Tomato Blight

This is an excellent account from a farmer about the problems with Tomato Blight and commercial agriculture.  A must read.  It speaks to the spread of disease, but like we have witnessed the spread of health crisis in the past.  The question is – do we ban all shipment of plants and thrwat commercial agriculture?  Do we set up subsidies for farmers at risk of losing a big percentage of their annual income?  What is the solution to this?  Email me here, if you have some thoughts – amyp@gogogreengarden.com      

Organic Tomatoes

UC Davis, those smarties down in California, just released a 10-year study comparing the “Influence of Organic and Conventional Crop Management Practices on the Content of Flavonoids in Tomatoes”.  Flavonoids are “plant secondary metabolites” and are commonly known for their antioxidant qualities. They also help the plant produce pigment which in turn attracts polliantors. You know, all the good stuff. You can read the study here, but in essence organic tomatoes contain higher levels of minerals.  The study compared conventionally grown fruits to those grown on organic plots over the course of 10 (!) years, and noted the nutritent content.  If you take the time to read, you will note that they attribute this to increased amounts of organic matter in the soil, and the decreased need to add manures (ie fertilizer) to the gardens. This is exactly what I encourage urban gardeners to do at home – practice crop … Continue reading

How & Why to Prune Tomatoes

Come summertime, when the air is hot and the sun is high, everyone comes down with a little case of tomato-fever. I’m not sure how this plant entered such epochal proportions as to measure the success of a home gardener, but it has. It seems if you can grow a good tomato, you’ll be awarded with some stamp-of-approval from the tomato gods. With that, here is one more demystified trick for you to consider. TOMATO SUCKERS are the small sets of leaves that grow between the main stem, and a leafy branch of tomato plants. These suckers, if left to grow, will be one more flowering & fruiting stem for the plant. These additional fruits will ultimately compete for nutrients from the plant, and over time lessen the chances of all fruit coming to delicious maturity. Our NW season, in particular, can not support such prolific tomato production. Our summers … Continue reading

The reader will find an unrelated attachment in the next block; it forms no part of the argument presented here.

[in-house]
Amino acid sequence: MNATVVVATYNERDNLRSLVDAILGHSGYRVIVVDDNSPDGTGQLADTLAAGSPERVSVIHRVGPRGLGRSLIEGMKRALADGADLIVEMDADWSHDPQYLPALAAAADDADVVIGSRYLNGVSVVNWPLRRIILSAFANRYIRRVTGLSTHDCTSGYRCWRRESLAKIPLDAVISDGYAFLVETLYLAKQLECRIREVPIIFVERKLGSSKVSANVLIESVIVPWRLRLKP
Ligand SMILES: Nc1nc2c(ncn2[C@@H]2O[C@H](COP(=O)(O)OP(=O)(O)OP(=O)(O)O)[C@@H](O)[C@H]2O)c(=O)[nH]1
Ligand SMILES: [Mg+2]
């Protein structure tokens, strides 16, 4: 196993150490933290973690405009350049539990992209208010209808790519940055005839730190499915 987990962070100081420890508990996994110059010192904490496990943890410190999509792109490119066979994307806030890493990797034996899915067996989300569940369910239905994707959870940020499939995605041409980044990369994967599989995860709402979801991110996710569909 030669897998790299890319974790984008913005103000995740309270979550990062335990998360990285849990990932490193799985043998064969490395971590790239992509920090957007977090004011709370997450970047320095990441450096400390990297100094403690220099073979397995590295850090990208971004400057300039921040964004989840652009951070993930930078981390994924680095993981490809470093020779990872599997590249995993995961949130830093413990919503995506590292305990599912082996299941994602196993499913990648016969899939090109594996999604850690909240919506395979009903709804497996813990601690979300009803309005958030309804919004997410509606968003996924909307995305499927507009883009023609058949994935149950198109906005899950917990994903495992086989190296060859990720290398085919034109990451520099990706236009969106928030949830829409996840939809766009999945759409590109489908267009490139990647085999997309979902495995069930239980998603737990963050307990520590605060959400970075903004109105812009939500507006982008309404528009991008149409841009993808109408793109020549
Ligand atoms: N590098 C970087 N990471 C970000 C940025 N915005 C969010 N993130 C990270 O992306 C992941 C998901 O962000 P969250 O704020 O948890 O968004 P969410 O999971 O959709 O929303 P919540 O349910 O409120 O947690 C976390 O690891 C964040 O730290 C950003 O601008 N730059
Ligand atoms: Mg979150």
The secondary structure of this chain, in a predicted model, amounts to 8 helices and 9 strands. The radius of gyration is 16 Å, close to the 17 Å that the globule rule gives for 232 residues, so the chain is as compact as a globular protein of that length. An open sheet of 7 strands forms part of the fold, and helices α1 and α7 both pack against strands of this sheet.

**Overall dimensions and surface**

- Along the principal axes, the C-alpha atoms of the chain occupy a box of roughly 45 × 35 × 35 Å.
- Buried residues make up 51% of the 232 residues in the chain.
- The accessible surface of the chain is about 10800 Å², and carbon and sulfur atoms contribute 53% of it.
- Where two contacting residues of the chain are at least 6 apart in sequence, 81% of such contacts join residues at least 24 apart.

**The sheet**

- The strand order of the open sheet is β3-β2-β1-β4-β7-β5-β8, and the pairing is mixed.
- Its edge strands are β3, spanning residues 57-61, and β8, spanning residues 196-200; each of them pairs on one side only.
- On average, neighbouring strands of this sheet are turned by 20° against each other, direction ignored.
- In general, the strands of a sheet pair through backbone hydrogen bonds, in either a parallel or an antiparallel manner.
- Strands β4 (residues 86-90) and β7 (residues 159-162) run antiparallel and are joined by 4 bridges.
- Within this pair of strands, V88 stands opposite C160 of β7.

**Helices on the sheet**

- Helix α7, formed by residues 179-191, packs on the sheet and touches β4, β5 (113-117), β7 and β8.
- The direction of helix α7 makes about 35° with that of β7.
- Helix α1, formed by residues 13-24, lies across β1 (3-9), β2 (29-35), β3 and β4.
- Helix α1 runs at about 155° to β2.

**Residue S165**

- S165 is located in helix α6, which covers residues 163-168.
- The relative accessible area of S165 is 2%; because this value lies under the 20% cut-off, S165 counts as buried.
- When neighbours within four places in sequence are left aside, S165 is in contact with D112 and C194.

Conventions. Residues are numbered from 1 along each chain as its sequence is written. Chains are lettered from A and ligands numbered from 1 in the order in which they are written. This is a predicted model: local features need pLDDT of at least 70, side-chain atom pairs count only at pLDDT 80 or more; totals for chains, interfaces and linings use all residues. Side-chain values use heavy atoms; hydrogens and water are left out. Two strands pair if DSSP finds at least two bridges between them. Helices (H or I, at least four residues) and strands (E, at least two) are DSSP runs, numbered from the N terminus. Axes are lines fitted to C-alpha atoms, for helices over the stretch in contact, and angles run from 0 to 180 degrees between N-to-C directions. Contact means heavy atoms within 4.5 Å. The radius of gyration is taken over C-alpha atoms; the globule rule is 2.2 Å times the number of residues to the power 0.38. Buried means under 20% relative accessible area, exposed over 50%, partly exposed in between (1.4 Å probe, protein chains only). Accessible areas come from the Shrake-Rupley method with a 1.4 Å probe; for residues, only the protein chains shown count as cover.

Urban Garden Share in the Toronto Star

Got a little shout out from CANADA today! Super cool, I thought.  Not only because it’s my first piece of international press , but because it’s a great article that speaks to both the idea of community and people getting in touch with their food. I’m starting to sound like a REAL. CHEESEBALL. when I talk about connecting people with their food, but I’m slowly realizing just how important it is. Both to me, personally, and to this little thing we call mother earth.  You can also read here about how the Obama administration is turning it’s eye to global agriculture recently.  A nice short eye-opener to keep you abreast on the (slow) work being done to change policy.(even if it refers to GMOs as part of the solution – you know how I feel about that.)